Okay, enough griping, on to the movie. INEQUALITY FOR ALL is based on the writing, lectures, and other lessons of Robert Reich, the littlest giant (seriously, he's like 4'9" but packing a giant intellect) in economic matters. Using his UC Berkeley lecture on Wealth and Poverty as a framing mechanism, he answers three big questions--how much inequality is there? Why is there inequality? And is that bad? Spoiler Alert: A lot; many reasons, but mostly the vicious (instead of virtuous) cycle; and yes. Reich is a master at making very complex ideas understandable to the layperson, and his charisma as well as visually engaging graphics tell the story pretty well. Better than I can in my dry-ish text where I'd have to resort to numbers to try to explain it. (speaking of numbers, I could've sworn the scale was off on one of the graphs. They show a line that's supposed to be at 23%, and it was placed between the 20% and 25% divisions, but it looked closer to 20%. Like they graphed 22% and labeled it 23%. But I digress) They pepper his lectures and interviews with personal stories from his life, including how as a Rhodes scholar met the man who would later make his Secretary of Labor--Bill Clinton. He makes a compelling case that even the super-rich would be better off with a slightly smaller part of a rapidly increasing pie rather than a bigger part of a slowly increasing (or even decreasing) pie. To those who have heard Reich speak before (and my knowledge is basically limited to his regular, short pieces for NPR) there won't be a lot of really new ideas. But he does take some time to bemoan how he's been saying this for 30 years and nobody seems to be catching on. Perhaps this movie will change that.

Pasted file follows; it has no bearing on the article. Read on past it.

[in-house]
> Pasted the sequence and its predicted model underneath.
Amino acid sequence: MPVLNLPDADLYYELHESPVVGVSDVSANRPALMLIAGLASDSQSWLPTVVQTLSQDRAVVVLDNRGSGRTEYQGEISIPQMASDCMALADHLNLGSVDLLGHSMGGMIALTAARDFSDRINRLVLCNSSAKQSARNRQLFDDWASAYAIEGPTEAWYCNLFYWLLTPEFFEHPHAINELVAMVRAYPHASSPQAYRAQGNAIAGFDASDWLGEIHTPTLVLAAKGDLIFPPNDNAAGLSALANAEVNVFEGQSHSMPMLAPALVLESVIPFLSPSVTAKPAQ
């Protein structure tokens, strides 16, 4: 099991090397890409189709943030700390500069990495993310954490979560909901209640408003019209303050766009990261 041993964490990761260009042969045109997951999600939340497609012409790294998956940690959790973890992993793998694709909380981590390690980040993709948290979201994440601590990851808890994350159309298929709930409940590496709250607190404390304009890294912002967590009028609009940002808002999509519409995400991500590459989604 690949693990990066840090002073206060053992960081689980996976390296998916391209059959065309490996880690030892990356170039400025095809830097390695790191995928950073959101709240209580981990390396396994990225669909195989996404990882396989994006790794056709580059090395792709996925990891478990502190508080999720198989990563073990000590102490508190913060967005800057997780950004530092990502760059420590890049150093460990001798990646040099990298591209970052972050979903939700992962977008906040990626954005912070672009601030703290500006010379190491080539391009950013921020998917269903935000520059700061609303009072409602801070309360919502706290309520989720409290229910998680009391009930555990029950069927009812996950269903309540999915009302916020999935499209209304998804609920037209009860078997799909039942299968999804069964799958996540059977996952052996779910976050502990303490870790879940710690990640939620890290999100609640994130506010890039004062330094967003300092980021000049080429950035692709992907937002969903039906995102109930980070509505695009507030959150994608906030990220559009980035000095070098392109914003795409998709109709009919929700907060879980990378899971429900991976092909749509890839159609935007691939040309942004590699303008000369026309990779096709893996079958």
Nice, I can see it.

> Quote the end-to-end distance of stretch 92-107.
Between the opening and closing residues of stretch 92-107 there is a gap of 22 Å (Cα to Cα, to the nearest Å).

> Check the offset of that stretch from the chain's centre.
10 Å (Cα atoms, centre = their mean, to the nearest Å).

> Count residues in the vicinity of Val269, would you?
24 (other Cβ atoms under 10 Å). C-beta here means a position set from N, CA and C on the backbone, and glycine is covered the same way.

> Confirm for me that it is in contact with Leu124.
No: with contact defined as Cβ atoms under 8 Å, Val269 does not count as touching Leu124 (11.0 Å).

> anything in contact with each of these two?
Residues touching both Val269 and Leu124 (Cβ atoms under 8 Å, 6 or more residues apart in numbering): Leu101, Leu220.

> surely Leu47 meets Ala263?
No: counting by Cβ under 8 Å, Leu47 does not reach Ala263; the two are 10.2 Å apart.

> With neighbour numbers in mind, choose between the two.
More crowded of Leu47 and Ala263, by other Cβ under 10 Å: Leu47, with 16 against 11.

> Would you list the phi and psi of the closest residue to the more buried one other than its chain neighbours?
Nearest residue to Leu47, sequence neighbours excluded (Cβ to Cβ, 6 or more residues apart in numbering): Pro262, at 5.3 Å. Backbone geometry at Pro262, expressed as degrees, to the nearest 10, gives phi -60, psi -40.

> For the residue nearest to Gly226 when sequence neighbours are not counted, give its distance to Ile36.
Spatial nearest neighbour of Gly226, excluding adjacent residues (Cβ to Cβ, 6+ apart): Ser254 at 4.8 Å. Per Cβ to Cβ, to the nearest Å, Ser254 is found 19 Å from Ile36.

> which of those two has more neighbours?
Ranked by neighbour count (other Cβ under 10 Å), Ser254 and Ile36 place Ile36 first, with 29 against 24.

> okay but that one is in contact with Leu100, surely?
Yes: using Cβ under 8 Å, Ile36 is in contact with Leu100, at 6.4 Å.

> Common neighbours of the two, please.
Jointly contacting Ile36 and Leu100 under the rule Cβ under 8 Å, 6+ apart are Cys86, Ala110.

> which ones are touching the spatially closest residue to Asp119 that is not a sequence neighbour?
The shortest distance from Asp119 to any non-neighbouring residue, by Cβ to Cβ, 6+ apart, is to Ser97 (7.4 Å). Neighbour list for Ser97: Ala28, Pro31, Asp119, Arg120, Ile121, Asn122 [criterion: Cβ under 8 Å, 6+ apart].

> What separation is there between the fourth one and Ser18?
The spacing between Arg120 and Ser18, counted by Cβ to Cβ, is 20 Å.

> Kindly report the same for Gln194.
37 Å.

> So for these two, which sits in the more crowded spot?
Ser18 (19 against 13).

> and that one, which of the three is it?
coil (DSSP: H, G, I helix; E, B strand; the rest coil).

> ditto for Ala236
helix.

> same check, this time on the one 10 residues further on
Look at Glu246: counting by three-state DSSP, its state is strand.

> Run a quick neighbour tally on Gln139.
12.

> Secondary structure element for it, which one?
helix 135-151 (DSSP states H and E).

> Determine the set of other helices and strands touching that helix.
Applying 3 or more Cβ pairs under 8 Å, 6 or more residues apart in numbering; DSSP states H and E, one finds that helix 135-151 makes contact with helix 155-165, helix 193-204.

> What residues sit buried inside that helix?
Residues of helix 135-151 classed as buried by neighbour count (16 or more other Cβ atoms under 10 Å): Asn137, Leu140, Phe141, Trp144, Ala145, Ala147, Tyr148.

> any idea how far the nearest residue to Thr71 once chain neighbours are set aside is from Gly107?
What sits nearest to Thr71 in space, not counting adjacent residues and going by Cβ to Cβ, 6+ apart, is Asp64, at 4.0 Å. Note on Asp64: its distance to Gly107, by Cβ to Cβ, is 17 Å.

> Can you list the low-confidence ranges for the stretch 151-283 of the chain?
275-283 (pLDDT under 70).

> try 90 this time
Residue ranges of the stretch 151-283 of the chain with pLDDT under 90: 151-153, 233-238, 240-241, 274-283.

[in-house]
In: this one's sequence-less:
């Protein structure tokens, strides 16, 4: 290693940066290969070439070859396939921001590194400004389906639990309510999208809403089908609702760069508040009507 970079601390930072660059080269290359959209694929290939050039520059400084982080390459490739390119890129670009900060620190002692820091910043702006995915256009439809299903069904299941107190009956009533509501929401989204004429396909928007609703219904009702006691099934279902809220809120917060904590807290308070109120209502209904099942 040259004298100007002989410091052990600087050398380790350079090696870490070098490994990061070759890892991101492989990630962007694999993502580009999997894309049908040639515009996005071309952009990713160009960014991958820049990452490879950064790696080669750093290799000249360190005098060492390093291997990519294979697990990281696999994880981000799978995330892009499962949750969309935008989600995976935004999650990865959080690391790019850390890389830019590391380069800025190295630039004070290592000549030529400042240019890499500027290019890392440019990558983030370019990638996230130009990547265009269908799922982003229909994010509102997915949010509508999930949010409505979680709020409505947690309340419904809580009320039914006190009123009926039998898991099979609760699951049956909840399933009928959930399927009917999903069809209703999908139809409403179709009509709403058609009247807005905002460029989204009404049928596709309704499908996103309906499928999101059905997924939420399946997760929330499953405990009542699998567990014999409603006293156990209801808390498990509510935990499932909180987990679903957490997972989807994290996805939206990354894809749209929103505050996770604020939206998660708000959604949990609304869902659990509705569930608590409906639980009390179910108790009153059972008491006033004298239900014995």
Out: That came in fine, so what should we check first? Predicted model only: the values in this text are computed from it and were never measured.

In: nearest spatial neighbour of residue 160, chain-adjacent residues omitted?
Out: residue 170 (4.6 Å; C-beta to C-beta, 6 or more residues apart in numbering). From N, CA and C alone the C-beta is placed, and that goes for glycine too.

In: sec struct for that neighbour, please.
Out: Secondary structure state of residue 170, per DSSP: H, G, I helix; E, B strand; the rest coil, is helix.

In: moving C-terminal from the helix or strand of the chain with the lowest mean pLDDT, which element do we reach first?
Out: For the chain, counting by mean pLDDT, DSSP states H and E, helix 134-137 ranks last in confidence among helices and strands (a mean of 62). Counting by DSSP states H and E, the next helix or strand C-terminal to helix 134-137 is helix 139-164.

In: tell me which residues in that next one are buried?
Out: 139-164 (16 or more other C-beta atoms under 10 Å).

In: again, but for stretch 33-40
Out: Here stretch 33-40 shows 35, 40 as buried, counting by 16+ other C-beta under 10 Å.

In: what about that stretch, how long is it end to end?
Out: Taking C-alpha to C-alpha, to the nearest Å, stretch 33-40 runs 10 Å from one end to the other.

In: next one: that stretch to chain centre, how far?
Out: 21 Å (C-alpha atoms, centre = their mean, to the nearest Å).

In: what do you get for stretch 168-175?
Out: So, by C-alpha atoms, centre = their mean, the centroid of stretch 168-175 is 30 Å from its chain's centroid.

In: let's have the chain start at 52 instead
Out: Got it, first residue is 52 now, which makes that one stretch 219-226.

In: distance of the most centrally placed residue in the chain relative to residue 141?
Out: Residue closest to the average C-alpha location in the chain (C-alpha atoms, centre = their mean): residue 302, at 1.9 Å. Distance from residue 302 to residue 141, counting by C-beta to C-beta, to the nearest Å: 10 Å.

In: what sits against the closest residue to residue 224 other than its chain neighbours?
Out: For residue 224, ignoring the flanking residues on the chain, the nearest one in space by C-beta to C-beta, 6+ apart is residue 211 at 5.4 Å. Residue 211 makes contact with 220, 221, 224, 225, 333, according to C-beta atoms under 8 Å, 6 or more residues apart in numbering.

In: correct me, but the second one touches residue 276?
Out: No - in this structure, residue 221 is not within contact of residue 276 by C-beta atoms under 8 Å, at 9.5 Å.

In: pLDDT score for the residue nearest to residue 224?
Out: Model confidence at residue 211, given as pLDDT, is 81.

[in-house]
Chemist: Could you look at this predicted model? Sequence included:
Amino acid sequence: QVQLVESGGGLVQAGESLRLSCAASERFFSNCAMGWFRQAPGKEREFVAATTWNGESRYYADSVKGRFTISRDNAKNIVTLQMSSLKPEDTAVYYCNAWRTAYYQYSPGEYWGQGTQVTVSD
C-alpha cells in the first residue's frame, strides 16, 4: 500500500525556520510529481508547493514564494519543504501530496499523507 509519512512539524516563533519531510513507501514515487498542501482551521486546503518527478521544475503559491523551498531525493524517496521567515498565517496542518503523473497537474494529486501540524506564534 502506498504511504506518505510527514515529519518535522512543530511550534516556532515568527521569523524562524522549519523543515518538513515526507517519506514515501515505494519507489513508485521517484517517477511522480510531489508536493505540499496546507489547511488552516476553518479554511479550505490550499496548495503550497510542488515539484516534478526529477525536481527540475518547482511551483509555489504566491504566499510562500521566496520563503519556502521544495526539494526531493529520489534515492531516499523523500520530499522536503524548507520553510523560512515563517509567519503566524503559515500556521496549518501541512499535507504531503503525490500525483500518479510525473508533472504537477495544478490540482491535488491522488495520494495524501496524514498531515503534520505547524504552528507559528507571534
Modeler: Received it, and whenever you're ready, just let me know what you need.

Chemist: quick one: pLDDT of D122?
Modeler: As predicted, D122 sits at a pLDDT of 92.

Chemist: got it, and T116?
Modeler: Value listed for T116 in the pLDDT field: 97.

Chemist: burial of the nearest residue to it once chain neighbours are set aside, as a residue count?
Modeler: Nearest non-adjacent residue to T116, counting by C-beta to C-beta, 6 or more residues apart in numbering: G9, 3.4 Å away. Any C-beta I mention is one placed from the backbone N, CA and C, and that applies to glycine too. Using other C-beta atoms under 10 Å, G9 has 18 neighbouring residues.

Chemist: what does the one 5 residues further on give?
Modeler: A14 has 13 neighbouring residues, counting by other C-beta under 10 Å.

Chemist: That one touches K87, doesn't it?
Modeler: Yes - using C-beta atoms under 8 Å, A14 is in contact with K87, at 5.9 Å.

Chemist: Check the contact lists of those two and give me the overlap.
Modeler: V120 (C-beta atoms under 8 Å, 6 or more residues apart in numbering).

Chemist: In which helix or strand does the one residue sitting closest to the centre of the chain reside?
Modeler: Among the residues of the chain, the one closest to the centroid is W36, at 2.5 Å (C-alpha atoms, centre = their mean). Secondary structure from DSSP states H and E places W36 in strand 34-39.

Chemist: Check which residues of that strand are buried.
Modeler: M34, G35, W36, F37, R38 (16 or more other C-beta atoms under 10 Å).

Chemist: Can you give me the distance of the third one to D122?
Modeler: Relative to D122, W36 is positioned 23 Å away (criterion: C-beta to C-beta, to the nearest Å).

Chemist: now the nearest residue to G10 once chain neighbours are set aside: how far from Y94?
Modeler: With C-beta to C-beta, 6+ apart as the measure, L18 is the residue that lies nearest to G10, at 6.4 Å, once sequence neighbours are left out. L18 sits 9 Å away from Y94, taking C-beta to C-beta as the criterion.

Oh yeah, and after Reich the most interesting person was the multi-millionaire venture capitalist who comes in to echo a lot of Reich's points. One of the most interesting points is how one guy making $10 million doesn't generate nearly the same economic activity as 100 guys making $100,000 each. In the Q&A they mentioned they screened the film to a select audience of multi-millionaires, and the reception was remarkably positive. Perhaps there is still some hope of turning things around, if the so-called "job creators" start actually working in their long-term rather than short-sighted best self-interest. For more information (soon...it's kinda a placeholder now) check out their website here.
After that, I caught a quite, contemplative, and spiritual (that is, if I believed in such things) short and feature pairing. First the short, HOME. A wordless examination of a house becoming a home. We see the inside of a pre-fabricated home. Doors open and clank shut. Perhaps it's haunted? Then, looking out a window, we suddenly see that it's moving. It is being moved on one of those giant trucks, over windy roads, while a brave cameraman stands inside shooting footage, until it is placed on a foundation, the cracks from the move are patched up, and a family moves in. Very cool.
And then the feature INORI. Let me start by saying it was a long, long day and I struggled (and ultimately failed) to stay awake. Not that I snoozed through the whole thing. I awoke fitfully throughout the course of the film, and my half-open eyes were always greeted by scenes of beauty. It starts with a dying goat shedding a single tear, transitioning into a mountain stream (was the stream fed by goat's tears?) We gradually meet the few remaining denizens of a near-empty village. Decaying institutions are being reclaimed by nature, and watched over by the graves of the past. I don't know what to make of it all, but the shot of cherry blossoms blowing over the water might be the most beautiful thing I've seen in the entire festival.
And that was Saturday. That totally happened.
Total Running Time: 168 minutes
My Total Minutes: 326,782